I recently read an article by a Dr Bill Tenny-Brittian called ‘Understanding the role of your pastor‘. Although it was written in an American context, some of the author’s observations made sense to me. He describes the 1950s as the ‘golden years’ of the church. ‘Back then,’ he says, ‘”everyone” went to church.’ Of course, that was never really true, but in the post-war era most people either went to church or felt they should. (I occasionally come across this now: I can bump into someone in the supermarket and their first words to me are, “I’m sorry I’ve not been to church recently”.)
Back in those days, church offered just one strand of worship. In the Church of England it was always from the Book of Common Prayer. Of course, there were ‘High church’ and ‘Low church’ ways of doing it, but once you had chosen your style you stuck with it. Children were offered Sunday School but there was no catering to different age groups when it came to worship in church.
Back in the ’50s, the pastor’s primary job was to ensure everyone in the church was well cared for.
The pastor or vicar had to make sure that everything ticked along and that everyone was happy. The vicar spent his time (it was always ‘him’ in those days) in his study making sure things ran smoothly (and writing sermons), or attending meetings to make sure things were going well. The rest of his time was spent visiting church members in hospitals, nursing homes or in their own homes.
No one worried about church growth back then. No one was worrying about growing their church because in the 1950s the members pretty much took care of church growth.
Families came to church and stayed in church. “The church was on autopilot. The pastor took care of the flock and the flock multiplied biologically.” The author then says this:
In many (most) churches, if 1950 ever comes back the congregation is ready!
But being ready for the 1950s is no help for the situation in which we now find ourselves. So what happened? In a word, the 1960s! That decade was a time of enormous change. As Bob Dylan put it in 1963, ‘The Times They Are A-Changin’. Dylan wrote on behalf of a generation that no longer followed in the footsteps of their parents and grandparents. ‘Mothers and fathers’ didn’t understand their children. They should get out of the way, he sang.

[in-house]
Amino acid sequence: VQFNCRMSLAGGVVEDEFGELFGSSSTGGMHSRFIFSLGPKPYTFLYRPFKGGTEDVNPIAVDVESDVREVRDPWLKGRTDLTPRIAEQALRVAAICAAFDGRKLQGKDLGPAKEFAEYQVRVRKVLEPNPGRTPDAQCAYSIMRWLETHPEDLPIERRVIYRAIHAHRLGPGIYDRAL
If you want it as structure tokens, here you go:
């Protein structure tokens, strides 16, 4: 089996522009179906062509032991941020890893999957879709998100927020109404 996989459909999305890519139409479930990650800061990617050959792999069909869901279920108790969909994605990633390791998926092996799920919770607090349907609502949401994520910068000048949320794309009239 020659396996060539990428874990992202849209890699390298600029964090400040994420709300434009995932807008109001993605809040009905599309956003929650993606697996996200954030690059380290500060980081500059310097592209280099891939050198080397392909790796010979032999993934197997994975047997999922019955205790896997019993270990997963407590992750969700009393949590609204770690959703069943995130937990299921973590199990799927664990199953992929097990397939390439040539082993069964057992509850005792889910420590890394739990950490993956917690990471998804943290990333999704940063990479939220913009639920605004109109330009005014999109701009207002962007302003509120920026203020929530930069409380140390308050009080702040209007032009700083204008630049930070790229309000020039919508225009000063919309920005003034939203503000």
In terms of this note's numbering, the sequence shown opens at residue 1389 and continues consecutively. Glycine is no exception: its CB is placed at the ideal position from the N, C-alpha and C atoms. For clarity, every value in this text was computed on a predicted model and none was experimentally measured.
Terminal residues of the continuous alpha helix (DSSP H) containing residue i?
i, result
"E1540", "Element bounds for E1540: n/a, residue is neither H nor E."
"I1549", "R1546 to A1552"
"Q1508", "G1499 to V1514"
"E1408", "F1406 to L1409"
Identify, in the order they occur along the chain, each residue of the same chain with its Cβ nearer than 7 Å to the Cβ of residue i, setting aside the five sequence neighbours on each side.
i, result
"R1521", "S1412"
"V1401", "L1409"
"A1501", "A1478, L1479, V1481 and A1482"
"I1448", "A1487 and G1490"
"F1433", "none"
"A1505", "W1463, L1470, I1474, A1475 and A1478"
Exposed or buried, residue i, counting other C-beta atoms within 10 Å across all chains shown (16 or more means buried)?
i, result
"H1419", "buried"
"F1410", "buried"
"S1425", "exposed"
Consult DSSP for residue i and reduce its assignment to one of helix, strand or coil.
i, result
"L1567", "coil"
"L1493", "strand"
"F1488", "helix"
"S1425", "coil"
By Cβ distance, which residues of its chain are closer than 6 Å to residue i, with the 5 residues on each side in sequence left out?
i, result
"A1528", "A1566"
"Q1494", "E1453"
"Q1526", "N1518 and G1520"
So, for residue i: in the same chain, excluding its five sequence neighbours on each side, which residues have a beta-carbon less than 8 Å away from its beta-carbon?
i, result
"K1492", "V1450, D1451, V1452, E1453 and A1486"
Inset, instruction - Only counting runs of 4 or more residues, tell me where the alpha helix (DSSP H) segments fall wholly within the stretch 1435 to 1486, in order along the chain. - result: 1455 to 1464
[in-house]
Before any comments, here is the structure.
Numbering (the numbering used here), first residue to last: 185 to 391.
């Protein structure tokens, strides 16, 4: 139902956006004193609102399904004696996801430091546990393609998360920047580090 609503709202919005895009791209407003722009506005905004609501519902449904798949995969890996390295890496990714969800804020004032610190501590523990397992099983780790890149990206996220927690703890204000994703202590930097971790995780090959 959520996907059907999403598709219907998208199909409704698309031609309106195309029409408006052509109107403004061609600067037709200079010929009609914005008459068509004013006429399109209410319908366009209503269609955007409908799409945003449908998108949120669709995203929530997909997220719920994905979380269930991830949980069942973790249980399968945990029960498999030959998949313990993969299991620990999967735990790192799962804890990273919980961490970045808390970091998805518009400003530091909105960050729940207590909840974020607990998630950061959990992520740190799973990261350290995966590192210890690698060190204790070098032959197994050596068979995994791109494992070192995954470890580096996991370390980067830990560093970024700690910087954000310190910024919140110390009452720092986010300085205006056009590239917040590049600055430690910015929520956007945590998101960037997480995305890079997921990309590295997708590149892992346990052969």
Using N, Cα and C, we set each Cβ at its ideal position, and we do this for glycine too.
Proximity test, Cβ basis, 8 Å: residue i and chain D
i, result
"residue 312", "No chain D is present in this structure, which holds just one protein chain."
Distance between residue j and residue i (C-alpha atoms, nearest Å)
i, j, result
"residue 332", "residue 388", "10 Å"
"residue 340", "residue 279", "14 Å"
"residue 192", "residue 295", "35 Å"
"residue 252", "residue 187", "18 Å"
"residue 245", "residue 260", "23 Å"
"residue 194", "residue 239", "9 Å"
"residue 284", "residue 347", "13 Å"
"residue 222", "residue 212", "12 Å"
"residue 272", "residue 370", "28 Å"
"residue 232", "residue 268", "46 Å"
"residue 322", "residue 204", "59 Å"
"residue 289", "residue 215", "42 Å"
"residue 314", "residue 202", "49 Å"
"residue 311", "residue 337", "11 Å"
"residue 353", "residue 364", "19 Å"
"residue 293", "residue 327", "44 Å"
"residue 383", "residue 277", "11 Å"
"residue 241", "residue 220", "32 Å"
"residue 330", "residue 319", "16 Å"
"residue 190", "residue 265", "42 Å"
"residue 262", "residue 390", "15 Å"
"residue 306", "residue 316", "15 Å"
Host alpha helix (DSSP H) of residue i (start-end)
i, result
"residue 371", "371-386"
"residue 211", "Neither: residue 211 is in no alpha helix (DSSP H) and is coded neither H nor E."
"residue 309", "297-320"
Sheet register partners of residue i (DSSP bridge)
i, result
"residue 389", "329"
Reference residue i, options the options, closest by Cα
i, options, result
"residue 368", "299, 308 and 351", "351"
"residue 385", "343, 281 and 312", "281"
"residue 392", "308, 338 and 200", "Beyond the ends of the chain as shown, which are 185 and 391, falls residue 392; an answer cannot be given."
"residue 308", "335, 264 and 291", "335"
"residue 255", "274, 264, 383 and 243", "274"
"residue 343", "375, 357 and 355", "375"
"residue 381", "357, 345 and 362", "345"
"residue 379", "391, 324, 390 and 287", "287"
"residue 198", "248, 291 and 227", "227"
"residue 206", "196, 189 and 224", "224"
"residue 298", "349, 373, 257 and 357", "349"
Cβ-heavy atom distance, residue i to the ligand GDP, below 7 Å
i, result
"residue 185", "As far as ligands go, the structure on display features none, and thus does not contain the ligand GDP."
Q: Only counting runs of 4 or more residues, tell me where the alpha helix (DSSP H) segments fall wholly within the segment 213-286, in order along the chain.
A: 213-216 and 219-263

For generations, parents have been used to their children going through a rebellious phase, including not going to church. They have assumed that their children would grow out of it and find their way back. But that has not happened. Today’s children have been brought up by parents (and grandparents) who have little or no experience of church. And, no, they don’t feel guilty about it! Going to church is no longer felt to be a duty or something that ‘most people’ do. For many, church is a leisure activity for those who like that sort of thing, an optional extra that gets squeezed out by shopping, sport or house-cleaning.
And that’s alright! I wouldn’t want to go back to an era when people went to church because they felt they had to, because it was the respectable thing to do. I want people to come to church because it is what they have chosen to do. Because they feel welcomed, accepted and loved. Because they know their need of God. Because they want to be equipped to serve God in the week ahead.
Dr Tenny-Brittian’s view is that the pastor’s role today is not simply to look after church people, keeping them happy. He says, and I agree, that the pastor’s role is biblically rooted in Ephesians 4:11-13:
It was he who gave some to be apostles, some to be prophets, some to be evangelists, and some to be pastors and teachers, to prepare God’s people for works of service, so that the body of Christ may be built up until we all reach unity in the faith and in the knowledge of the Son of God and become mature, attaining to the whole measure of the fullness of Christ. (Ephesians 4:11–13)
Notice the pastor’s primary role is to prepare the church members to do works of service, that is, the ministry of the church. It’s the church members’ job to do most of the things the 1950s pastor took care of. It’s the pastor’s job to recruit, train, deploy, and coach other church leaders to do all those ministries.
Of course, that doesn’t mean I will give up visiting church members at home or in hospital: that’s still an important part of my role. But we need to get away from the idea that the vicar’s job is to keep church members happy! The vicar’s job is to equip the church for two main purposes:
Taking care of one another and
Reaching out to the wider community.
Which is not to say that I won’t be doing those things as well, but think how much more we could do if the whole church took responsibility for pastoral care and outreach! An important part of my job, therefore, is to equip church people to do the work of the church!
What do you think?